You are here:

Number Theory/mathematical limit


What is the limit of this sequence as n tends towards infinity:

1/2 + 1/3 + 1/4 + 1/5 + …. + 1/(n-3) + 1/(n-2) + 1/(n-1) + 1/n

Is the limit +infinity? (I hope not! Not for what I want it for! ) Or is it finite? And why is it whatever value it is? -I mean, how does one work out the limit to such a sequence? Is there a general method?

How do you express the above sequence using standard maths limit notation without the vague “ + … + “ part?

Also: does it ONLY make sense to talk about a mathematical limit like this one “as n tends towards infinity” or can you also rationally talk about a mathematical limit like this one where n is LITERALLY equal to +infinity?

(I already asked this question to Clyde Oliver more than 3 days ago but he hasn't yet responded )

That is an infinite sum, so there is no limit.
The individual terms go to 0, but the sum does not.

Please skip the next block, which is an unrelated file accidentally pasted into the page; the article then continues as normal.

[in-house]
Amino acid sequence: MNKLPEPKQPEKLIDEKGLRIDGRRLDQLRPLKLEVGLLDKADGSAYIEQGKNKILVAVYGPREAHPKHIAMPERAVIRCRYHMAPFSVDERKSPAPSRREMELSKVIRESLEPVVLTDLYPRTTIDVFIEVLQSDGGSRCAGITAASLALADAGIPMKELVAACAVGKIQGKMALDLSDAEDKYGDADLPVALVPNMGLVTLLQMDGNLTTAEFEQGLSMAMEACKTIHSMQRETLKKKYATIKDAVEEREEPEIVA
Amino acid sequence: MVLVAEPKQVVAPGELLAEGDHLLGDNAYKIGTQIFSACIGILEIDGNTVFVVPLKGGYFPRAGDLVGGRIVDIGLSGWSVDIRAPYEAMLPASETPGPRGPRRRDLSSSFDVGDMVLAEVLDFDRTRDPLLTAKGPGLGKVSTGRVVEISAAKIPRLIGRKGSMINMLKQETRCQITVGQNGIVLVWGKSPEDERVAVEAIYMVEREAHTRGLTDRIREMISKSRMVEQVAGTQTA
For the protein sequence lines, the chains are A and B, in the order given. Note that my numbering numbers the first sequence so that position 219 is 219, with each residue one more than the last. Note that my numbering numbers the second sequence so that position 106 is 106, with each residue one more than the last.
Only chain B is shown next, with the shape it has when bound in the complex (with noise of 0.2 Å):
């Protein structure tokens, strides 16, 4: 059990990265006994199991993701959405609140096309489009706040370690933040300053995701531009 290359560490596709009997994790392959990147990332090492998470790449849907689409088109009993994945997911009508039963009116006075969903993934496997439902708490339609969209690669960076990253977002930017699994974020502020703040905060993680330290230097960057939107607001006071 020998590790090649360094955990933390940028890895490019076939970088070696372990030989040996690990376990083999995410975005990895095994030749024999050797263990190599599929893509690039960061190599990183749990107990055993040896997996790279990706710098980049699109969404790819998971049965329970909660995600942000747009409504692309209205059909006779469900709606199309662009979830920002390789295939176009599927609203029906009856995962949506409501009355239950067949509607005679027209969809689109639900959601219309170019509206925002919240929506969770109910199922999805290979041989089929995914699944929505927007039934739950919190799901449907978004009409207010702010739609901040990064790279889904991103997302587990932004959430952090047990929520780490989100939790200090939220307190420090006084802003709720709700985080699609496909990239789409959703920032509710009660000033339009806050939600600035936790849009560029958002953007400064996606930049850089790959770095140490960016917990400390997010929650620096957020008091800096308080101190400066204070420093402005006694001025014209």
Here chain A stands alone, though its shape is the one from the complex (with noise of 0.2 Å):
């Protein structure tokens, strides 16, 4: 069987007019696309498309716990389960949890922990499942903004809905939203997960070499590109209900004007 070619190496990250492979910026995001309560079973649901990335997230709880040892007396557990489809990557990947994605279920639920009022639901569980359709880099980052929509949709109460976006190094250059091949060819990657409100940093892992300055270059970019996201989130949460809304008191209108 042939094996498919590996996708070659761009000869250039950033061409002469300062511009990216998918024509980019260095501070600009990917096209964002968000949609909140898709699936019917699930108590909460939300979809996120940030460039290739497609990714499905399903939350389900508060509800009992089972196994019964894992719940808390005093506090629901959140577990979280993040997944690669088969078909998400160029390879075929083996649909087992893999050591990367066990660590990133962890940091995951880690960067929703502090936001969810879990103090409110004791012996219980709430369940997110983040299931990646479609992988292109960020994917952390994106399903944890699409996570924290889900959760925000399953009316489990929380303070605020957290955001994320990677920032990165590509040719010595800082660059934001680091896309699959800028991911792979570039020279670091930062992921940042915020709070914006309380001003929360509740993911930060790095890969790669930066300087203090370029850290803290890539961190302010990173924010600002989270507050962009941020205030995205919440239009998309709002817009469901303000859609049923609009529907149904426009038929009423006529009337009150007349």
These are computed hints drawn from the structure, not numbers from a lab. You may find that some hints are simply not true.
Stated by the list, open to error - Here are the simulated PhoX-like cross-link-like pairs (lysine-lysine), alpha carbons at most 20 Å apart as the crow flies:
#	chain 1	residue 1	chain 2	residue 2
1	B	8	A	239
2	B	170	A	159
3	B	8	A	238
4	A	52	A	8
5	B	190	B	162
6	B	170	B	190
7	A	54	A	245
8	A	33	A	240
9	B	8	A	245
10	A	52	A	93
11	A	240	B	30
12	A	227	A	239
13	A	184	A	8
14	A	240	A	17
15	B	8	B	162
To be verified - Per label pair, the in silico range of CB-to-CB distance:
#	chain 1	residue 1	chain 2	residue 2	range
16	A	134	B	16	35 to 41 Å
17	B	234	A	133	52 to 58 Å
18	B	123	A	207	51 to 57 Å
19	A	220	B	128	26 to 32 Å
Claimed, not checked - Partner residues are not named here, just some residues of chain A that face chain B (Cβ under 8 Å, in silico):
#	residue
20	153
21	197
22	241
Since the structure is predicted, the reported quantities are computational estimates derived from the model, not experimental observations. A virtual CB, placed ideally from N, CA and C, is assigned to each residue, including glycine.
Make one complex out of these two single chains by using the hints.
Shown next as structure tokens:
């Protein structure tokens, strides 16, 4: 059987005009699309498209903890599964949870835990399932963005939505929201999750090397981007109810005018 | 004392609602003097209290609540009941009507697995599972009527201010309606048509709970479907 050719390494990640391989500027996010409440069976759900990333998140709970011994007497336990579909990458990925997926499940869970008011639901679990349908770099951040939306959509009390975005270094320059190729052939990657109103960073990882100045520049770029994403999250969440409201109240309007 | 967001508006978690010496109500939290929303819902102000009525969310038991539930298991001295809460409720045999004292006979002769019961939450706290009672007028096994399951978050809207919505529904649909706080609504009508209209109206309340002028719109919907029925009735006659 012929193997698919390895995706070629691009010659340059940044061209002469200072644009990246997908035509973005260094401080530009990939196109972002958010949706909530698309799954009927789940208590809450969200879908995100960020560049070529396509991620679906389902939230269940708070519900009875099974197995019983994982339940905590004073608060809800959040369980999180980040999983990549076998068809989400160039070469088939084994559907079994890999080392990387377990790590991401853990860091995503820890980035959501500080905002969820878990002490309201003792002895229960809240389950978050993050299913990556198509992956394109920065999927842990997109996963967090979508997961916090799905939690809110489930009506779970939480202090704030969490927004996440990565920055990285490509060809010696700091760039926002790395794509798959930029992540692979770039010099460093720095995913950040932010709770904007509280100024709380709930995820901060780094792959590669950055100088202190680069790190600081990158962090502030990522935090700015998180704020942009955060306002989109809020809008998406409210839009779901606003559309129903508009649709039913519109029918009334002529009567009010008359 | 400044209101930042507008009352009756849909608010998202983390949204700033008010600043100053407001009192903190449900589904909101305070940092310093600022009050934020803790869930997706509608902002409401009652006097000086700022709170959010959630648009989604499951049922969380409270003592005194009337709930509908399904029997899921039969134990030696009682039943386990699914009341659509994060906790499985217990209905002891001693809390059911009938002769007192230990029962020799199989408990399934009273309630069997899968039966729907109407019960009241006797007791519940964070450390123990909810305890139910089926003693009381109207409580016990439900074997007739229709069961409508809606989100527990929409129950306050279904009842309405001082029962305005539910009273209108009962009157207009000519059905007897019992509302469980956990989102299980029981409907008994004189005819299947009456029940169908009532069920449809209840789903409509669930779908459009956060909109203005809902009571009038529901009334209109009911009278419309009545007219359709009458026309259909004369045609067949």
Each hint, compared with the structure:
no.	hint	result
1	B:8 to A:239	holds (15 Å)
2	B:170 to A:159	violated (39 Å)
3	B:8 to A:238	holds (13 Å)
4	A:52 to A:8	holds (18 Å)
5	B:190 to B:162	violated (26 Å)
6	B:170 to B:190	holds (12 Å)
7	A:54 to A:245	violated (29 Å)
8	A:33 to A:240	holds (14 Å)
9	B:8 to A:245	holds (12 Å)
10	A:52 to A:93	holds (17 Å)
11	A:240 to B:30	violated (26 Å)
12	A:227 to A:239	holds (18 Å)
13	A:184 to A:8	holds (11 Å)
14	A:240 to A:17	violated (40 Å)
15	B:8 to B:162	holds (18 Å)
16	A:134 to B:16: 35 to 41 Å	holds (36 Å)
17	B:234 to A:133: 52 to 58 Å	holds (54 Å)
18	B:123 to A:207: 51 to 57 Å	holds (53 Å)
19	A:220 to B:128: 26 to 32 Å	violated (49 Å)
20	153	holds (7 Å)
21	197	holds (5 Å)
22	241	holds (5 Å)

Approximating this with an integral gives the integral of 1/x for x going from 1 to infinity.
Since this is ln(x), the ln() of infinity is infinity, so there is no limit.

The value of n can never be infinity, but it only tends towards infinity.
No matter what value is given to n, n+1 is greater.
That is why it is said to be the limit as n tends to infinity.

Number Theory

All Answers

Answers by Expert:

Ask Experts


Scott A Wilson


I can answer almost anything that is sent in. If I can't, I'll let you know, but I don't expect that to happen much.


I have known about number theory since the mid 80's. I have answered over 250 questions on Number Theory with this software. Altogether, I have answered over 8,500 questions in mathematics.

You're looking at it ... I've answered over 8,500 quesitons in mathematics right here.

My credentials are an MS in Mathematics at Oregon State in 1986; I received a BS in Mathematics at the same place in 1984.

Awards and Honors
I graduated with honors in Mathematics when getting my BS degree and my MS degree.

Past/Present Clients
I have assisted many students in mathematics at OSU. Perhaps I have assisted one of you're friends in math on a computer somewhere else, but you don't even know... That would be late last night, perhaps with thousands of miles between us ... Then again, if you're in Washington, so am I ...

©2017 All rights reserved.